loved it.  When I took it back, Mrs.  Earhardt asked me what I'd thought
about it and could tell I had understood it.  When I asked if that Homer
guy had written anything else, she told me of the Odyssey and I was off
on another adventure.  All that summer the kids in my neighborhood
reenacted the Trojan War.  Several years later in ninth grade we studied
the Odyssey in school and that was when I discovered that sometimes you
got to read "neat" books in English class.  That was the same year I
discovered _Romeo and Juliet_ and became hooked on Shakespeare.  I think
the classics are classics for a reason .... They tell good stories, and
all children love good stories and love to reenact them.  Children are
natural "players" and it is through their love of acting the parts that
Shakespeare will grab them.

Joe Conlon, Warsaw, IN, USA

Re: Incest

The Shakespeare Conference: SHK 9.0667  Friday, 17 July 1998.

[1]     From:   Bruce Young <This email address is being protected from spambots. You need JavaScript enabled to view it.>
        Date:   Thursday, 16 Jul 1998 13:08:00 +0000
        Subj:   Re: SHK 9.0663  Re:  Incest

[2]     From:   Chris Gordon <This email address is being protected from spambots. You need JavaScript enabled to view it.>
        Date:   Thursday, 16 Jul 1998 18:06:14 -0500
        Subj:   SHK 9.0663  Re: Incest

[3]     From:   Terence Hawkes <This email address is being protected from spambots. You need JavaScript enabled to view it.>
        Date:   Friday, 17 Jul 1998 06:23:34 -0400
        Subj:   SHK 9.0663  Re: Incest


[1]-----------------------------------------------------------------
From:           Bruce Young <This email address is being protected from spambots. You need JavaScript enabled to view it.>
Date:           Thursday, 16 Jul 1998 13:08:00 +0000
Subject: 9.0663  Re:  Incest
Comment:        Re: SHK 9.0663  Re:  Incest

In response to Satia Testman's suggestion that there might be incest
within Polonius's family, I don't think the fact that Gertrude (and
perhaps others) hope Hamlet and Ophelia will be married "tears apart the
argument that Laertes and Polonius were protecting her from Hamlet's
machinations."  It seems likely there were differences of opinion in and
around the court about the likelihood or appropriateness of a
Hamlet-Ophelia match.

Polonius and Laertes think such a match unlikely or inappropriate,
saying, in effect, "Hamlet may think he loves you, but his love may not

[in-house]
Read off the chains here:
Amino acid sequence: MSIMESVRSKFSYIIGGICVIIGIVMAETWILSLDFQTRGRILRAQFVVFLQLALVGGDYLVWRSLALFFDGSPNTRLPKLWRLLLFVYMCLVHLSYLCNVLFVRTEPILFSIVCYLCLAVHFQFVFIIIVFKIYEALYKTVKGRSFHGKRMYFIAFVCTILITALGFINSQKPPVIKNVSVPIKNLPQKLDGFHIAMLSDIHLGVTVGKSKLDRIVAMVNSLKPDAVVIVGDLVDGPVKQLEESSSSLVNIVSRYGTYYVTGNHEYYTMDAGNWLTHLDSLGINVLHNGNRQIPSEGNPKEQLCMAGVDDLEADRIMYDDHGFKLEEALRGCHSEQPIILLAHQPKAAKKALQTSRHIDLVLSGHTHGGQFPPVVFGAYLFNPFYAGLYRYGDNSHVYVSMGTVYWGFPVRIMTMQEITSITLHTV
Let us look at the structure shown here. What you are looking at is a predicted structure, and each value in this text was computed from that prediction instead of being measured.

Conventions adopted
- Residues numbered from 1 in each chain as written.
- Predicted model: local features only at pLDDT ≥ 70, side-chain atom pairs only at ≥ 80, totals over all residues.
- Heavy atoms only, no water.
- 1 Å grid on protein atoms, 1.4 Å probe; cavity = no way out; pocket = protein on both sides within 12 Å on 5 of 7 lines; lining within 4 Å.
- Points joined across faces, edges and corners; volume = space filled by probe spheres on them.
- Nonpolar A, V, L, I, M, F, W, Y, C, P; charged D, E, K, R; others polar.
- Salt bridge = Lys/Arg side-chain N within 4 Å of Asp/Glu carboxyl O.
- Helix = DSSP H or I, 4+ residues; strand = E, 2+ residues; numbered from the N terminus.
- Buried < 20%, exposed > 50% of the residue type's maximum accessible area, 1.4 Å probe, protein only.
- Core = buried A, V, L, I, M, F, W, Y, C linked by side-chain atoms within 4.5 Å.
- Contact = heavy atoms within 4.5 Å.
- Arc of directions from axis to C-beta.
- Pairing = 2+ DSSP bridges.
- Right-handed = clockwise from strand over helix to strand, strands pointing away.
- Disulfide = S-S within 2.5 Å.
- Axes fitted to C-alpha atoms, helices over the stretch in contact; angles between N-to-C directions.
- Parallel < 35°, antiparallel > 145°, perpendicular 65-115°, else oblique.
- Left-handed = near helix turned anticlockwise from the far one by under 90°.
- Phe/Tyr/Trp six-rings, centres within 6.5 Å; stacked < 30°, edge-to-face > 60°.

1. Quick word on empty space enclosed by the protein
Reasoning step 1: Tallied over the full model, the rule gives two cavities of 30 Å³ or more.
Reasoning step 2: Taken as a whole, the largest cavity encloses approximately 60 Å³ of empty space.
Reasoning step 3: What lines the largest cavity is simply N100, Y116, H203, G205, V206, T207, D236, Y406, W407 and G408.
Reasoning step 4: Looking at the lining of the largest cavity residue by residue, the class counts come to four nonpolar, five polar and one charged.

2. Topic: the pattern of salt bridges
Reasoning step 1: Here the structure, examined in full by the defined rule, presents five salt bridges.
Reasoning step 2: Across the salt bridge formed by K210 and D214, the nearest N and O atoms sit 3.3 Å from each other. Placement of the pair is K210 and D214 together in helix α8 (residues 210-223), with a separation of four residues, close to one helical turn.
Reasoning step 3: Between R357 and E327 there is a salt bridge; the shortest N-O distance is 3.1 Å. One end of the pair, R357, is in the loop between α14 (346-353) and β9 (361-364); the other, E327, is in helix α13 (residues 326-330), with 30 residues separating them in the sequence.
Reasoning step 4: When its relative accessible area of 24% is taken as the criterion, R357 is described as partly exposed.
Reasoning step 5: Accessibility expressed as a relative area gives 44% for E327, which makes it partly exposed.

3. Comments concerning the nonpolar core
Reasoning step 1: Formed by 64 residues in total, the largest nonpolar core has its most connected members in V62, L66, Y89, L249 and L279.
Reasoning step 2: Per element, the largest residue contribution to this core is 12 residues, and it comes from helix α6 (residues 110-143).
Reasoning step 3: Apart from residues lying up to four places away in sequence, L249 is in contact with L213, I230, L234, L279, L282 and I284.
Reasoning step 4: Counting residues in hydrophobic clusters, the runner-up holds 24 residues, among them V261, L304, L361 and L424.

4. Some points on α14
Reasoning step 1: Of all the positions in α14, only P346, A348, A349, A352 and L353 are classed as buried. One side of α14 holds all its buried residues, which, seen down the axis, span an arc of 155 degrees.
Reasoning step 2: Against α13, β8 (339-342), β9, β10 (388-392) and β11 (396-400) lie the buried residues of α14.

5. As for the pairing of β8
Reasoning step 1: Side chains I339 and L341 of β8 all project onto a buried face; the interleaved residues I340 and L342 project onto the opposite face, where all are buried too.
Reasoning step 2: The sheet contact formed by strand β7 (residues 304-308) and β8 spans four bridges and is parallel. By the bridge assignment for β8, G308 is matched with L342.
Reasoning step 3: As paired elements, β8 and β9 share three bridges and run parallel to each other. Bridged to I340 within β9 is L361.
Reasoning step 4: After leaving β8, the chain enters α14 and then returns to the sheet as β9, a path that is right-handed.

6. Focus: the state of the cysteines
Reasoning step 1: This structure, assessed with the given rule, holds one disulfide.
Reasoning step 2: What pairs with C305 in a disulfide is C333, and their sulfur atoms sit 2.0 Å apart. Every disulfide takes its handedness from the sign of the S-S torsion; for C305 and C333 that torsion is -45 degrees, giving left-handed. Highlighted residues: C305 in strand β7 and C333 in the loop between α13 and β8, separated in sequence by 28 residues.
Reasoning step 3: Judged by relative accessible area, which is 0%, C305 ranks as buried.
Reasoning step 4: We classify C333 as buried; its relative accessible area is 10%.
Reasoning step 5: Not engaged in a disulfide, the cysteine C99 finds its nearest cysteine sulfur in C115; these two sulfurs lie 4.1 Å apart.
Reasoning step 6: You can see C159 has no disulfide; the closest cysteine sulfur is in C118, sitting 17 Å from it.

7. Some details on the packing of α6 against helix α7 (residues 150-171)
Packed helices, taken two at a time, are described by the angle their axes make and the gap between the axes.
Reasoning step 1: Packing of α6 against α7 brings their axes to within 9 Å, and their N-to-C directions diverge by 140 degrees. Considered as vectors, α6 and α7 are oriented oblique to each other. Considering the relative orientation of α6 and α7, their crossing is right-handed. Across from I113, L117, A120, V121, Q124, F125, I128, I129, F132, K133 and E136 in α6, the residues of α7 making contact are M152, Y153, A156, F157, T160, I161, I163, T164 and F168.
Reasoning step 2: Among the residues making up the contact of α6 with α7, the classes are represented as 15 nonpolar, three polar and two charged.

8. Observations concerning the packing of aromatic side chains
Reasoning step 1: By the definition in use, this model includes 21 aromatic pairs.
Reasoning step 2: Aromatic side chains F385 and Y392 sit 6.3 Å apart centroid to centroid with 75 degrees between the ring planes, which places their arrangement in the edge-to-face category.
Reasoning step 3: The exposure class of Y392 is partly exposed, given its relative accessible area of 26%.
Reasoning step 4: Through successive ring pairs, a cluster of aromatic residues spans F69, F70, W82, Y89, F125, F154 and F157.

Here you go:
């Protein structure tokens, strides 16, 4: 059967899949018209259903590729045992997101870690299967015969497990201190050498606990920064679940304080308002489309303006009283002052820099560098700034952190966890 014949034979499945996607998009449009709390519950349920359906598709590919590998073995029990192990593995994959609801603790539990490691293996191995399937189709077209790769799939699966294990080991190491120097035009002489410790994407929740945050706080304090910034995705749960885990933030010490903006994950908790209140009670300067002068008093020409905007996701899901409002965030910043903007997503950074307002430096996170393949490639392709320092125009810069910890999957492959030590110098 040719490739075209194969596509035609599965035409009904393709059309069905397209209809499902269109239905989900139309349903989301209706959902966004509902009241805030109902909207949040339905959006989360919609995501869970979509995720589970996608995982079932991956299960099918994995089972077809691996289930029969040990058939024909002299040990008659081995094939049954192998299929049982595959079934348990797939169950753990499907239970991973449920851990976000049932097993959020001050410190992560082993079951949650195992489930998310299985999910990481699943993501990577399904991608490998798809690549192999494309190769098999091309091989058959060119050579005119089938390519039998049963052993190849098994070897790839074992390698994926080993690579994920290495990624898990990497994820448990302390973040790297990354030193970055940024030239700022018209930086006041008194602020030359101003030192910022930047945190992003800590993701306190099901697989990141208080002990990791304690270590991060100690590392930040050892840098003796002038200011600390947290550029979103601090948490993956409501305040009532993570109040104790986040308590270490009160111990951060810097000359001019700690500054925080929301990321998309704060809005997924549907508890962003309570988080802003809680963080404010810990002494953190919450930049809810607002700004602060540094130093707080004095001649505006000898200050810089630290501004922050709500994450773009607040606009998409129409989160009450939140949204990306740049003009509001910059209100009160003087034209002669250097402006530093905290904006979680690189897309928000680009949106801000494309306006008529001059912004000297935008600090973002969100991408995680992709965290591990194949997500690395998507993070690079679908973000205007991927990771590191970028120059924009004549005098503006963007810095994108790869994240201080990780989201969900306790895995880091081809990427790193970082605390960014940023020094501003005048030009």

last; he may even be toying with you.  Furthermore, his will is not his
own; given his royal station, the court and country have to sanction his
marriage.  And you may not be considered high enough in station to marry
him.  He is 'a prince out of thy star.'"  (See 1.3.5-28, 101-36;
2.2.131-42.)  Both counsel with Ophelia in private, are speaking (I
think) sincerely, and would be understood by Ophelia as meaning what
they say.

Another bit of evidence that Polonius means what he says is that he
later apologizes to Ophelia-again in private-for having counseled her
too harshly.  Deciding Hamlet has gone mad from spurned love, Polonius
softens his earlier view and says: "I am sorry that with better heed and
judgment / I had not coted him.  I fear'd he did but trifle / And meant
to wrack thee, but beshrow my jealousy [i.e., suspiciousness & maybe
possessiveness]!" (2.1.108-10).

Polonius is possessive and overprotective, but incestuous?  I think
not.  And I think it's unlikely Laertes is either.  If they were, would
it make sense for them, in private, to tell Ophelia, "Be careful not to
be overcome by desire; the young and innocent-particularly 'maids'-may
be badly damaged if they are not careful; don't lose your 'honor'
[virginity] by opening 'your chaste treasure' to Hamlet's insistence; be
'scanter of your maiden [virginal] presence' with him"?  Or would it
make sense for Ophelia to answer Laertes that he should practice the
same doctrine of sexual self-restraint he is preaching to her?  (See
1.3.29-51, 121.)

Their reasons for cautioning her seem to be (1) a concern about her
"honor" or "honesty"; (2) a concern that she'll be involved with someone
she can't marry; and (3) probably along with both of these, concern
about the distress, emotional and otherwise, she might experience if she
were emotionally or physically involved with Hamlet and then dropped.

The fact that Henry VIII provided well for his mistresses doesn't seem
to me compelling evidence that Polonius and Laertes, or anyone else in
the play, is supposed to think Ophelia would come off unscathed from an
affair with Hamlet.

Bruce Young
This email address is being protected from spambots. You need JavaScript enabled to view it.

[2]-----------------------------------------------------------------
From:           Chris Gordon <This email address is being protected from spambots. You need JavaScript enabled to view it.>
Date:           Thursday, 16 Jul 1998 18:06:14 -0500
Subject: Re: Incest
Comment:        SHK 9.0663  Re: Incest

Satia Testman wondered about the possibility of incest in the
Polonius-Laertes-Ophelia family. I think this would be an interesting
issue to explore in production, although finding textual evidence (of
any obvious sort) is unlikely. It is nonetheless clear that both
Polonius and Laertes have a very intense interest in Ophelia's
relationship with Hamlet, and while they assert that they are concerned
only because of discrepancies in rank, and their suspicions about
Hamlet's potential abuse of the situation, their interest could stem
from a more personal emotional/sexual interest.  Perhaps some